The Ireland squad is winding down in training, all set to depart for warm-weather training camps at the end of this month. On a recent day at the National Rowing Centre there were 22 rowers working in the high performance gym, where once it might have just been Sanita Puspure.
Puspure and Paul O'Donovan have been the twin engines of Irish rowing. Around them now is arrayed a high-achieving team which will propel Irish rowing into 2020 with four, and perhaps as many as six, boats competing in the Tokyo Olympics.
Puspure is shortlisted for the RTÉ sportsperson of the year award for 2019. Few will have a more affecting story to tell. Her sister's death from cancer punched a hole in everything. Sanita missed the World Cup series.
It was all or nothing at the World Championships in Linz in Austria, the qualifying event for Tokyo. Puspure rowed every race like her life depended on it. She won gold. She said then that she was thinking of Inese. "Now I can go home and cry my eyes out."
With her in Tokyo will be the women's pair. Monika Dukarska and Aileen Crowley kept their nerve well to qualify the boat; the women's four were not far off and have every chance in the final qualifier this coming April. The World Under-23 silver medal shows what potential is there. The lightweight double of Margaret Cremen and Aoife Casey caught the eye in the recent trial and might yet join them in Tokyo.
In pararowing, Katie O’Brien took the World Championship medal she well deserved.
If anyone wanted further proof of the efficacy of the Ireland system under high performance director Antonio Maurogiovanni, it was provided by Philip Doyle and Ronan Byrne. Ireland heavyweight men of world class have been thin on the ground. In 2019 these two young men (Byrne is only 21) lit up the season. The final in Linz was astounding – they finished so well, with only China denying them gold.
Byrne immediately went on to the European Under-23 Championships – he won gold in the single scull, coming from behind, of course.
Paul O’Donovan might well have been his inspiration. In 2016, after the Olympic silver medal in Rio, he flew to Rotterdam and won gold at the World Championships in a lightweight single. He is, in the words of his brother, Gary, in Linz “a freak”.
The break-up of the Gary-Paul axis – the reigning world champions in the lightweight double – might have shocked the public. But rowing is a hard sport. As the Irish Times reported at the time, Paul and Fintan McCarthy were the fastest crew in trialling – and went on to win in Linz.
That Skibbereen were able to produce not one but two world-class crews was amazing – but not surprising in that West Cork miracle factory.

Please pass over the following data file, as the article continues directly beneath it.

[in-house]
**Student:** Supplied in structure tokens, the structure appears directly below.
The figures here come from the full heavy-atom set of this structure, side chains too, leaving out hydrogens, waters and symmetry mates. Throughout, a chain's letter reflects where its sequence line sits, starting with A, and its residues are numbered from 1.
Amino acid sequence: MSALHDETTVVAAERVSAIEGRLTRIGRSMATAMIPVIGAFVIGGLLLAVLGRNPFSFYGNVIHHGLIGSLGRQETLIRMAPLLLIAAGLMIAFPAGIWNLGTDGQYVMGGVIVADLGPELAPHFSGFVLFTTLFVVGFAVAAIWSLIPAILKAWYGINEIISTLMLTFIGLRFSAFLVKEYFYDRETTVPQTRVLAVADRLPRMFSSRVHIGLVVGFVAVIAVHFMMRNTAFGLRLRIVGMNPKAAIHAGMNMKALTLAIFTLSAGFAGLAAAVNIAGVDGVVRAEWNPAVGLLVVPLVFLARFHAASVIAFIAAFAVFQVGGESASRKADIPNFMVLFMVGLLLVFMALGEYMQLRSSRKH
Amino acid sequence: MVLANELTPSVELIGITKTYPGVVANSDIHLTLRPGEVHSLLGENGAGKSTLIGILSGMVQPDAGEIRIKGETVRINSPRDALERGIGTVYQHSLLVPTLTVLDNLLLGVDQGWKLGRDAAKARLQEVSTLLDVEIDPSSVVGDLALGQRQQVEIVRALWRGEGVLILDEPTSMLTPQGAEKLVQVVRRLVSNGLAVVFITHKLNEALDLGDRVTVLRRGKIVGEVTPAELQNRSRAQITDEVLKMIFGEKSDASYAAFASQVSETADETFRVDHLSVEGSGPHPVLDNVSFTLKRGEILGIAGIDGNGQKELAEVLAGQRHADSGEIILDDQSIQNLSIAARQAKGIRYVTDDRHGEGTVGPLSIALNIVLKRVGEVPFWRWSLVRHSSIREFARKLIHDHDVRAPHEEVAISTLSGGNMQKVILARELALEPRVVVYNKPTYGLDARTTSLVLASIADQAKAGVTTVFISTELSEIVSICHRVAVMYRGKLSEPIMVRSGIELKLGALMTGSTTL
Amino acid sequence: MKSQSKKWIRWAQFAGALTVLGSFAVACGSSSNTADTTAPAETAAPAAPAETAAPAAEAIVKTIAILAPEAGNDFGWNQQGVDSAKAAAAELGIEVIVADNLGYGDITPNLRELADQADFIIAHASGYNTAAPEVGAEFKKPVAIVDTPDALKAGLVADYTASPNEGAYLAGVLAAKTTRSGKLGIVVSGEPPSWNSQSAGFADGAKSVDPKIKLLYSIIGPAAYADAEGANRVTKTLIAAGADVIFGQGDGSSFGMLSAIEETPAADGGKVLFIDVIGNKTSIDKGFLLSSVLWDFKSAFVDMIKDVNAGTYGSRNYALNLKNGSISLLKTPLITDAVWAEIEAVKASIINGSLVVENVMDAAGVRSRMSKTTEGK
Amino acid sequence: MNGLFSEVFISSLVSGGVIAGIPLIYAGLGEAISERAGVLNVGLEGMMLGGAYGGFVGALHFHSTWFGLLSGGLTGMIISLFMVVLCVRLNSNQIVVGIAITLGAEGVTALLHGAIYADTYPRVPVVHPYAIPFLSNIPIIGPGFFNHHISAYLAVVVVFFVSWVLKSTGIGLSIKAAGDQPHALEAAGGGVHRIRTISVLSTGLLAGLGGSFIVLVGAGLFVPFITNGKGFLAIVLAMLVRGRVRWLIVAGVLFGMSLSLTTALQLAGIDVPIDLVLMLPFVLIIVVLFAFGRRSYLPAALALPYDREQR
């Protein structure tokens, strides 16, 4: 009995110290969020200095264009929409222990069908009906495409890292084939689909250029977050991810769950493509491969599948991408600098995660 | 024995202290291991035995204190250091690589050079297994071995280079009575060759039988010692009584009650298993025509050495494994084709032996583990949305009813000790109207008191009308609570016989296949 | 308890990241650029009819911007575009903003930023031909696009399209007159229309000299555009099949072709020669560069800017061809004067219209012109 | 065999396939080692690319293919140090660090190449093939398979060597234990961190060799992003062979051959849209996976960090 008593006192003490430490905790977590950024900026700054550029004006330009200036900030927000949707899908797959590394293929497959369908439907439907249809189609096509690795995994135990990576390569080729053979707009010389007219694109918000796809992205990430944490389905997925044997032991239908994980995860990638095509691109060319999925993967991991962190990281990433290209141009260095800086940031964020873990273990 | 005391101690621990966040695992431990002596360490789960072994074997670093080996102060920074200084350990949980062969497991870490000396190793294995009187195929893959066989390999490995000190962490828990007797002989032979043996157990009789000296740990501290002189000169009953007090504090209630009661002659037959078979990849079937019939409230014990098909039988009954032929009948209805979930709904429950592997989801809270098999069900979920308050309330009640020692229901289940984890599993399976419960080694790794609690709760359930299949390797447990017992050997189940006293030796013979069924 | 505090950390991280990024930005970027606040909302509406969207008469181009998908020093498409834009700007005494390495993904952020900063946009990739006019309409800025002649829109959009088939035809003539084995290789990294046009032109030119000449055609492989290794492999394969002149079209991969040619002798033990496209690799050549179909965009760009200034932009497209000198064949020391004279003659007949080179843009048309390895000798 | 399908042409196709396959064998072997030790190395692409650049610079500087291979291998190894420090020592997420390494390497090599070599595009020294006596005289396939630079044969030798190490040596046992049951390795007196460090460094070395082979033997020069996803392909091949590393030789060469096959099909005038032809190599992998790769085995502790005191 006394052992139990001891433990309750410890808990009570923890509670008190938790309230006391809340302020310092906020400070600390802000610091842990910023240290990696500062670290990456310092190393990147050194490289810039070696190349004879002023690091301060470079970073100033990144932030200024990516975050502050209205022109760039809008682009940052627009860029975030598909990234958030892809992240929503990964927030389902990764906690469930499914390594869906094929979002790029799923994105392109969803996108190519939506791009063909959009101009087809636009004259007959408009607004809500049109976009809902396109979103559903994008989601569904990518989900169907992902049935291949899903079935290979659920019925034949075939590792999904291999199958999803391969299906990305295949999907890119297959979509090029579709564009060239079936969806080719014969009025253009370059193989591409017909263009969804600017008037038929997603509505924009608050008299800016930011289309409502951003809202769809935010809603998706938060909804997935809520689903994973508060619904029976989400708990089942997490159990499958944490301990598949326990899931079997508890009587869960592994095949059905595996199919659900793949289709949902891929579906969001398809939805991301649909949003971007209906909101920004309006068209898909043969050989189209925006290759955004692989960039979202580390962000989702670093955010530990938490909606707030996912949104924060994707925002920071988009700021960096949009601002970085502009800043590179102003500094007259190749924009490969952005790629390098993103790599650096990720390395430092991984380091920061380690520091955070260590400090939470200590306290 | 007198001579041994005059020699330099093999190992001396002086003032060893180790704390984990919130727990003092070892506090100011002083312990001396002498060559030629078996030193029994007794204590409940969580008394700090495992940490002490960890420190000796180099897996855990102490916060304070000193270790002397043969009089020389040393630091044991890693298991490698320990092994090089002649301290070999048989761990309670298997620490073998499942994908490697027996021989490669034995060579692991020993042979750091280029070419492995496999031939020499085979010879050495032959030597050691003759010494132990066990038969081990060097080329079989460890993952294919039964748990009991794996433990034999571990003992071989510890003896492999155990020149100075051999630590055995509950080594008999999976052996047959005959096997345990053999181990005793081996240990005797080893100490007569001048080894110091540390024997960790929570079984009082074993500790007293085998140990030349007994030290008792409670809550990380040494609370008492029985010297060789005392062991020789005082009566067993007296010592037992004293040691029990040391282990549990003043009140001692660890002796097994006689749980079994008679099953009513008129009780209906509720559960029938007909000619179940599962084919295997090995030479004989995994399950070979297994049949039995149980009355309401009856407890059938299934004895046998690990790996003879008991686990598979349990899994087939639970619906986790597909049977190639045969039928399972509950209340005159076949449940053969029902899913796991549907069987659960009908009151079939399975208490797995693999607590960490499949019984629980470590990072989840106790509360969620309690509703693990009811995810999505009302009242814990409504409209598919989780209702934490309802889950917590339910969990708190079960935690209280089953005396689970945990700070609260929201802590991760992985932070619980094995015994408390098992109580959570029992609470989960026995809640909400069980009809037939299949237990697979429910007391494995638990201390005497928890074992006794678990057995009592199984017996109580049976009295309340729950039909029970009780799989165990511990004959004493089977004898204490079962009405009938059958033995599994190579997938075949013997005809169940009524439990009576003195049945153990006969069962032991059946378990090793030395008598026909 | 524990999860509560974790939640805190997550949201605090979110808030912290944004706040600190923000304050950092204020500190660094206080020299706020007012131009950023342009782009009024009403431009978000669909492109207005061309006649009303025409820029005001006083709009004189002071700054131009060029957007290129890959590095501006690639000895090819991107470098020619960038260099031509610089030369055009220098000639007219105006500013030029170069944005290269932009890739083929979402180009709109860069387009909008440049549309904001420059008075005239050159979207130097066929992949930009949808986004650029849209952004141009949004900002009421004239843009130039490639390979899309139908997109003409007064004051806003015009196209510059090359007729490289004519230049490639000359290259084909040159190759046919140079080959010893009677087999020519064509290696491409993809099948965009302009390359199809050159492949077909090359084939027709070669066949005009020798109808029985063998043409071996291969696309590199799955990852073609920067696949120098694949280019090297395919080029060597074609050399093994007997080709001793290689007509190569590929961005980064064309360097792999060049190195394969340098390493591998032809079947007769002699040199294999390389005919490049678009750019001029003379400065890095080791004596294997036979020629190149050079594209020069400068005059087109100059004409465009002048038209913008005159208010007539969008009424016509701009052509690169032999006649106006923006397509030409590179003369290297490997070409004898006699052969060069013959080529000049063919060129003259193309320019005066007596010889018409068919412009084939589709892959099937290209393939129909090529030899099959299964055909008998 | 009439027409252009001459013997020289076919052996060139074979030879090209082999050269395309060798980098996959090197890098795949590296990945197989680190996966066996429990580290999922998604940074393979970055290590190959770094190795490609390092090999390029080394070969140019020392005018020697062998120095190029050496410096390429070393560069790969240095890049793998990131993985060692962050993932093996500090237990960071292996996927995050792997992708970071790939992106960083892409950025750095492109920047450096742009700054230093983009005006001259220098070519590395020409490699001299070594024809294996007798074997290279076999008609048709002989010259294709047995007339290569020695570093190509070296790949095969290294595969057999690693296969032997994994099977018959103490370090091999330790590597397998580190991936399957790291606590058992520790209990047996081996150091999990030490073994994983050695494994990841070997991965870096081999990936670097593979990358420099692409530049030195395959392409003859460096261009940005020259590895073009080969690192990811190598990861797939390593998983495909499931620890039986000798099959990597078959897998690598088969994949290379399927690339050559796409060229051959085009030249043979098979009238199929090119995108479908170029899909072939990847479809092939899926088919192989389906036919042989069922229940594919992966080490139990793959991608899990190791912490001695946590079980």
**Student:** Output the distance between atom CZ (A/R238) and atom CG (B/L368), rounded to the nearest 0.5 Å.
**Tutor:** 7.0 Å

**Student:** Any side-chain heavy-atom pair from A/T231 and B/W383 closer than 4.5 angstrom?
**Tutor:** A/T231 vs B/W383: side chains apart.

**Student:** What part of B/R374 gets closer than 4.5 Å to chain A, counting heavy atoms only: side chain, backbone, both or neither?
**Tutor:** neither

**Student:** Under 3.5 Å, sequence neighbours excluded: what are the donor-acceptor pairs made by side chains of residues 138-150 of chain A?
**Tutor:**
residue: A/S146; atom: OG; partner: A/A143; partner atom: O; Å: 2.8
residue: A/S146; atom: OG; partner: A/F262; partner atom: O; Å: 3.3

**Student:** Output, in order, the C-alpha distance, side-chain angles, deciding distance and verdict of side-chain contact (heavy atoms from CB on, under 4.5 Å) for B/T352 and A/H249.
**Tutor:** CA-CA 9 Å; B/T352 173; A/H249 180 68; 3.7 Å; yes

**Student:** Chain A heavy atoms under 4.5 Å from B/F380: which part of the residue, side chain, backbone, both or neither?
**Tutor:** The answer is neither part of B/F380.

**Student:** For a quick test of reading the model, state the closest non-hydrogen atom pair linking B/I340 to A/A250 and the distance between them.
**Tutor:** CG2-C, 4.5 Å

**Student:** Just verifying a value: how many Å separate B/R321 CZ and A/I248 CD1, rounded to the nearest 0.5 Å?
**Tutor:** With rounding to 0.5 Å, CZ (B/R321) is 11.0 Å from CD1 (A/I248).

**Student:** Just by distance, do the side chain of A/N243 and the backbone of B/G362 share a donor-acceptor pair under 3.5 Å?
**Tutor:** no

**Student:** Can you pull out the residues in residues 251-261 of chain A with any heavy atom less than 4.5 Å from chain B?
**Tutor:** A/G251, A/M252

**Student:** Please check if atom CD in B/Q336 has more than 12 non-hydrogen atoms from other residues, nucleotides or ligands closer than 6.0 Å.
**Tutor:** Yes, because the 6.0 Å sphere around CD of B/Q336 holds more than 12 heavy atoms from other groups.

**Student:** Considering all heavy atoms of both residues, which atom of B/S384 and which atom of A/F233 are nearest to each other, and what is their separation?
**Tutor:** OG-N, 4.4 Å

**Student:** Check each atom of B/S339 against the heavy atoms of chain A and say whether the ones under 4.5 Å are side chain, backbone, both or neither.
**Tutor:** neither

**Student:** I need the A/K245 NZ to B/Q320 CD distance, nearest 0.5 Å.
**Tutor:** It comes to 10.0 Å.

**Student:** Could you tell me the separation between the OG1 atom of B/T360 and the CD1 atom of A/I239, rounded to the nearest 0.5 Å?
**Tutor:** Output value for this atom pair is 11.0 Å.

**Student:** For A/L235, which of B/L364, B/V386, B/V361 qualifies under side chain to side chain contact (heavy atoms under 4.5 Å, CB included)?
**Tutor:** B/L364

The win for Paul and Fintan in the World Championships final was one of the highlights of the year and they have been deservedly nominated by RTÉ as team of the year.
After 500 metres, trailing the field, their hope of gold was gone. Well, in any realistic scenario it was. But you would back Paul O’Donovan on one leg and with his arms tied. It was Germany and Italy, the other medallists, who were barely able to move afterwards, so devastated were they by being hunted down and beaten.
And then there was the tale of the stroke coach. The piece of rowing machinery fell out of the boat as Paul and Fintan rowed in the World Cup final in Rotterdam. Paul somehow stilled the boat, flicked it back in with one hand and then carried on. They raced to silver, just three hundredths of a second behind gold medallists Germany.
The World Cup was opposite the huge Irish Rowing Championships and the Irish Times watched the World Cup final in a B and B. The wifi feed for press at the Irish Championships was promised but not available. Covering domestic rowing has not been easy this year.
UCD's win in the men's senior eights shines out from the huge championships. Their battle with Commercial over recent seasons has generally gone the way of Commercial. The reigning champions had a good Henley, but UCD were masters at the Championships. NUIG/Castleconnell were the top women's eight.
The link between colleges and the Ireland high performance system has been less than ideal. Ireland's top junior, Molly Curry, is being courted by top colleges in the United States and Britain. She is a hardworking and accomplished student bent on doing dentistry and open to staying in Ireland. It may demand work in the background to match athlete and course. It will be a good piece of work if Irish rowing can keep Curry on board.